A look at the life of legendary American pilot Amelia Earhart, who disappeared while flying over the Pacific Ocean in 1937 in an attempt to make a flight around the world.
"Amelia" is an adventurer's biopic with a central character who broke stereotypes, records, and hearts, while viewing borders as horizons. This well told story reflects all of that, and will inspire dreams bigger than the sky. The cinematography is fabulous, whether the landscape is seen looking down from a flying altitude or viewed gazing upward from the ground. The movie soars with Amelia in the pilot's seat.
The Time Traveller's WifeAnne Murphy
A romantic drama about a Chicago librarian with a gene that causes him to involuntarily time travel, and the complications it creates for his marriage.
"The Time Traveller's Wife" has an imaginative storyline centred on an incredible romance that transcends time. Something must have gone wrong in production, as the telling of this tale is unforgivably banal. This movie is such a drag viewers will find themselves wishing for an ability to time travel beyond the credits to escape the tedium. With no on-screen chemistry it's hard to even care about the time traveller's wife's husband or his wife.
A man moves his two daughters to Italy after their mother dies in a car accident.
"Genova" is a considered and unsentimental movie of living through bereavement. The movie is constructed with a credible style that almost seems unscripted. The plot meanders through the moody Italian setting without unnecessary dramatic tension, moving from moment to moment the way a person coping with life after loss does. The character studies are intelligent, multi-layered portraits of grieving. It's deeply gratifying to see a difficult theme faithfully handled without unnecessary tragic overtones and no tissues required.
An EducationAnne Murphy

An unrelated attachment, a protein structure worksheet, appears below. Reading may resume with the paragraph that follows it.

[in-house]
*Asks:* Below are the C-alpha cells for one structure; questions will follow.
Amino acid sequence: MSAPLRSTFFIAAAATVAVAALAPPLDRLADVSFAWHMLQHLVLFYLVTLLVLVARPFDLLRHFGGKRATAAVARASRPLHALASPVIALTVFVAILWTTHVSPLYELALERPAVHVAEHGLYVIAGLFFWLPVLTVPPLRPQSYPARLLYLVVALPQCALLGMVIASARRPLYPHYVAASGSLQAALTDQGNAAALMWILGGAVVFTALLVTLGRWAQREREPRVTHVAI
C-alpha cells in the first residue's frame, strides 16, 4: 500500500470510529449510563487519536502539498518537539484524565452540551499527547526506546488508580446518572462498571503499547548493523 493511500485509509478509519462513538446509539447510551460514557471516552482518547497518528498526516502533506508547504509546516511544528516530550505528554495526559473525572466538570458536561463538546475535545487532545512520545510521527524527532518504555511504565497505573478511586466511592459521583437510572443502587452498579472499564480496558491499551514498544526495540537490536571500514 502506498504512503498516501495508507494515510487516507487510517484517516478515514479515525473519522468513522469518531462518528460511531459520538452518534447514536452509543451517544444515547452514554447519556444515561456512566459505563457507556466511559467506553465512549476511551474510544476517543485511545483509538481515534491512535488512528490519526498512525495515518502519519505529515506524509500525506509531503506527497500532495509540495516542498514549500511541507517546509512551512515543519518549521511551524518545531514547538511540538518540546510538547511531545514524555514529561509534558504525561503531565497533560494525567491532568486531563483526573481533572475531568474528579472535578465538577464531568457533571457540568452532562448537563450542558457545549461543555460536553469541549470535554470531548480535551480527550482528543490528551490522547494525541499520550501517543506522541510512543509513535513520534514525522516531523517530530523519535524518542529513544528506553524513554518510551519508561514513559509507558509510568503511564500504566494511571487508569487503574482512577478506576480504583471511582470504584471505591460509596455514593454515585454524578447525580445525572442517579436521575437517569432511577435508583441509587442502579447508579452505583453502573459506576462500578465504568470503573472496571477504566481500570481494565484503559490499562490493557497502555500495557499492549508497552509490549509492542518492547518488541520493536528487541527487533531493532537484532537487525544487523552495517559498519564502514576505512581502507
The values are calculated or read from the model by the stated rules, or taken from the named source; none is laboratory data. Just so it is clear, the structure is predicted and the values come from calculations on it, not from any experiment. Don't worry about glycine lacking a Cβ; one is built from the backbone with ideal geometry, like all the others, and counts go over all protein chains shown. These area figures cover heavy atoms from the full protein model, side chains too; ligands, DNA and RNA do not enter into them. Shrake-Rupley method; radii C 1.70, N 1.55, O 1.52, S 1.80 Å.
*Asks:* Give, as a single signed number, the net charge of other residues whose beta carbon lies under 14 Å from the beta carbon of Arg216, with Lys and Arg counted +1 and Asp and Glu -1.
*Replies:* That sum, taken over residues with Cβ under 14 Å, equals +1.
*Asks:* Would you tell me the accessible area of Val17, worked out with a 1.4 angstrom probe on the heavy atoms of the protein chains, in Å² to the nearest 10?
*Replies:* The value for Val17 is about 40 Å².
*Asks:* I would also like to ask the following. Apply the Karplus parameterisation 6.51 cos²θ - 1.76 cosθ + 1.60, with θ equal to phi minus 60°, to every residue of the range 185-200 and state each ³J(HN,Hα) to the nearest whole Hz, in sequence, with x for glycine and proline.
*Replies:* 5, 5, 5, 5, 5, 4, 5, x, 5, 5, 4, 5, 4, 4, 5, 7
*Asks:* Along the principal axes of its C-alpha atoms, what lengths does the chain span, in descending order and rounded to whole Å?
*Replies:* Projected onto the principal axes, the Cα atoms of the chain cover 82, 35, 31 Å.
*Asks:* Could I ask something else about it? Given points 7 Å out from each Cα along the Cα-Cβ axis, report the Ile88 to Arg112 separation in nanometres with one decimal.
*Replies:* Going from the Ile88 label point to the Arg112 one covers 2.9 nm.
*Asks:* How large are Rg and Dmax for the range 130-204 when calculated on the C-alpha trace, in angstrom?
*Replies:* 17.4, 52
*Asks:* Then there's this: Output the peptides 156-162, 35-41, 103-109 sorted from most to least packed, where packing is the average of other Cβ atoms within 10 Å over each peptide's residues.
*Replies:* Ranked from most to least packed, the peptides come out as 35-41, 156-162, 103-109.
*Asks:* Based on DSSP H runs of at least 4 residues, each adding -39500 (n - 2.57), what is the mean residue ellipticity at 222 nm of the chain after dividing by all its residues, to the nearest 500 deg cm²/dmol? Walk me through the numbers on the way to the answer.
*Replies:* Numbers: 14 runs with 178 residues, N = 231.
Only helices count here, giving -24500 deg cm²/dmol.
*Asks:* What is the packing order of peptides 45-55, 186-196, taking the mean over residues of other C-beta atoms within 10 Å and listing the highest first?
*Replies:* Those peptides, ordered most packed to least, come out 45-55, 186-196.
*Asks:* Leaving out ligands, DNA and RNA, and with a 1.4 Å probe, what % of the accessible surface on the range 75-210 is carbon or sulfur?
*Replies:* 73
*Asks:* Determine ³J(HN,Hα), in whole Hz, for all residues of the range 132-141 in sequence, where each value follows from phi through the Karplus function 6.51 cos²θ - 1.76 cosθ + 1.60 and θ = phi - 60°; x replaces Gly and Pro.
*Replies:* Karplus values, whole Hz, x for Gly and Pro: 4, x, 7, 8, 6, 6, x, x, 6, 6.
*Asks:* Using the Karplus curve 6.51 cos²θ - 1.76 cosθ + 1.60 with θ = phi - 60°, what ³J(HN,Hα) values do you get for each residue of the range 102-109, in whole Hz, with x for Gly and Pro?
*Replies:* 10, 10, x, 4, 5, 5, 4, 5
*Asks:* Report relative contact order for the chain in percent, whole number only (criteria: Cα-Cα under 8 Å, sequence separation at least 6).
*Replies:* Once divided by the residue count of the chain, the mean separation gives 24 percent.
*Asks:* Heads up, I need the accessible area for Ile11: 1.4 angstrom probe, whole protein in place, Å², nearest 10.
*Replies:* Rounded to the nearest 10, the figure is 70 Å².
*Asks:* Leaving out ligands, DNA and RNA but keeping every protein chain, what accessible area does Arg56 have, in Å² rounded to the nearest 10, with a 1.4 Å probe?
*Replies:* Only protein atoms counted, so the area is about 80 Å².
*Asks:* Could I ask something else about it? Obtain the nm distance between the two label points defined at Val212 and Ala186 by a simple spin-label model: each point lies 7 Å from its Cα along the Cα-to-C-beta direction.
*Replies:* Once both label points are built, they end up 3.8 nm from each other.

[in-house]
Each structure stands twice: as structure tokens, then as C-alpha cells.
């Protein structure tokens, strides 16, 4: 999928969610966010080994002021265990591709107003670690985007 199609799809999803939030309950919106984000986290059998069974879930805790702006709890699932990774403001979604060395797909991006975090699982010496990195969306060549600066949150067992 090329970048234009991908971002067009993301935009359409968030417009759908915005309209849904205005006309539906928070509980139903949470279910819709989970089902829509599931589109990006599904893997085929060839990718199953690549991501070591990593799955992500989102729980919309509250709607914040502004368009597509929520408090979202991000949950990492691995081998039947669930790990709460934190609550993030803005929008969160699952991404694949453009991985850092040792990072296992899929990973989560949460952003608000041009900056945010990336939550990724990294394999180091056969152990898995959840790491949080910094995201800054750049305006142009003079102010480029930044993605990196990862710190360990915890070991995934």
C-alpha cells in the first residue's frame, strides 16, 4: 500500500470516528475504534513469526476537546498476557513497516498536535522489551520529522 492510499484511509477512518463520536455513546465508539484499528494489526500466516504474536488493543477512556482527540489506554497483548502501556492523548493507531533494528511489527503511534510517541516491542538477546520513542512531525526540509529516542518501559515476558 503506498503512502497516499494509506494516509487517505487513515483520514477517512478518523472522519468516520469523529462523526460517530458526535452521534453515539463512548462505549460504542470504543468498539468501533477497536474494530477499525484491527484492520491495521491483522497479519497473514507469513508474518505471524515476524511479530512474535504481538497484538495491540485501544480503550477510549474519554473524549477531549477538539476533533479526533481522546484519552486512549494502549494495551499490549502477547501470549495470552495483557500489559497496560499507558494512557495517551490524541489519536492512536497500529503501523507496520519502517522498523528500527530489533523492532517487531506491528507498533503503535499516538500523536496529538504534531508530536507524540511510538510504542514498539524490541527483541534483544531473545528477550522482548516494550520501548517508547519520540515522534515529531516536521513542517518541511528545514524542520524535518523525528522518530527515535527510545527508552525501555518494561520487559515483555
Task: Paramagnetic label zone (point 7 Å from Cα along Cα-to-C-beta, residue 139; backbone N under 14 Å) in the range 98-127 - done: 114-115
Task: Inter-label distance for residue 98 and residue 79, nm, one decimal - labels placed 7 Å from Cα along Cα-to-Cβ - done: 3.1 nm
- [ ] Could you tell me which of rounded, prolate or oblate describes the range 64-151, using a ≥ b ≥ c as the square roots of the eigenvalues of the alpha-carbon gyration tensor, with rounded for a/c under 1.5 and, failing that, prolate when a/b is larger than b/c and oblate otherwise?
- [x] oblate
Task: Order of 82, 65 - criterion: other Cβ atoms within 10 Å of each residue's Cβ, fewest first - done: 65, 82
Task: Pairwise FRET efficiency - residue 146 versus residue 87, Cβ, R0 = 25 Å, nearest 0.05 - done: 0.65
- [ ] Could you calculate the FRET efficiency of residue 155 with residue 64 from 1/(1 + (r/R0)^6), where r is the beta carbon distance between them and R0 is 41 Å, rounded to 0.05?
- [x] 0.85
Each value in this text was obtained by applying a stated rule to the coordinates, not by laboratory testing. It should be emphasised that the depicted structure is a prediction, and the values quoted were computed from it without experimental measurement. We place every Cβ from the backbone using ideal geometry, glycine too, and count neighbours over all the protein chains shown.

A teenage girl's life in 1960s London changes with the arrival of a playboy nearly twice her age.
A particular time and place are depicted with a nostalgic tone in this beguiling movie. Although classic in many respects, "An Education" also bestows a refreshing angle on adolescent transformation. The suave script is brought to life by mesmerising performances from the cast. Social dilemmas of the era are deftly explored in front of scenic city backdrops and meticulously created interior detail as befits the period. A curriculum of seduction and sophistication provides an outstanding education.
Whatever WorksAnne Murphy
Attempting to impress his ideologies on religion, relationships, and the randomness of existence, lifelong N.Y. resident Boris Yellnikoff rants to anyone who will listen, including the audience.
"Whatever Works" contains all of the autobiographical elements expected from this writer-director. From the New York City neighbourhoods that form the urban backdrop, to the unlikely romantic action, it's a little predictably familiar. Enjoy the existential ponderings, the witty 'kvetching' and the laugh out loud one-liners. It is not so much a return-to-form as a return-to-the-familiar for the film-maker, an encore of what used to work.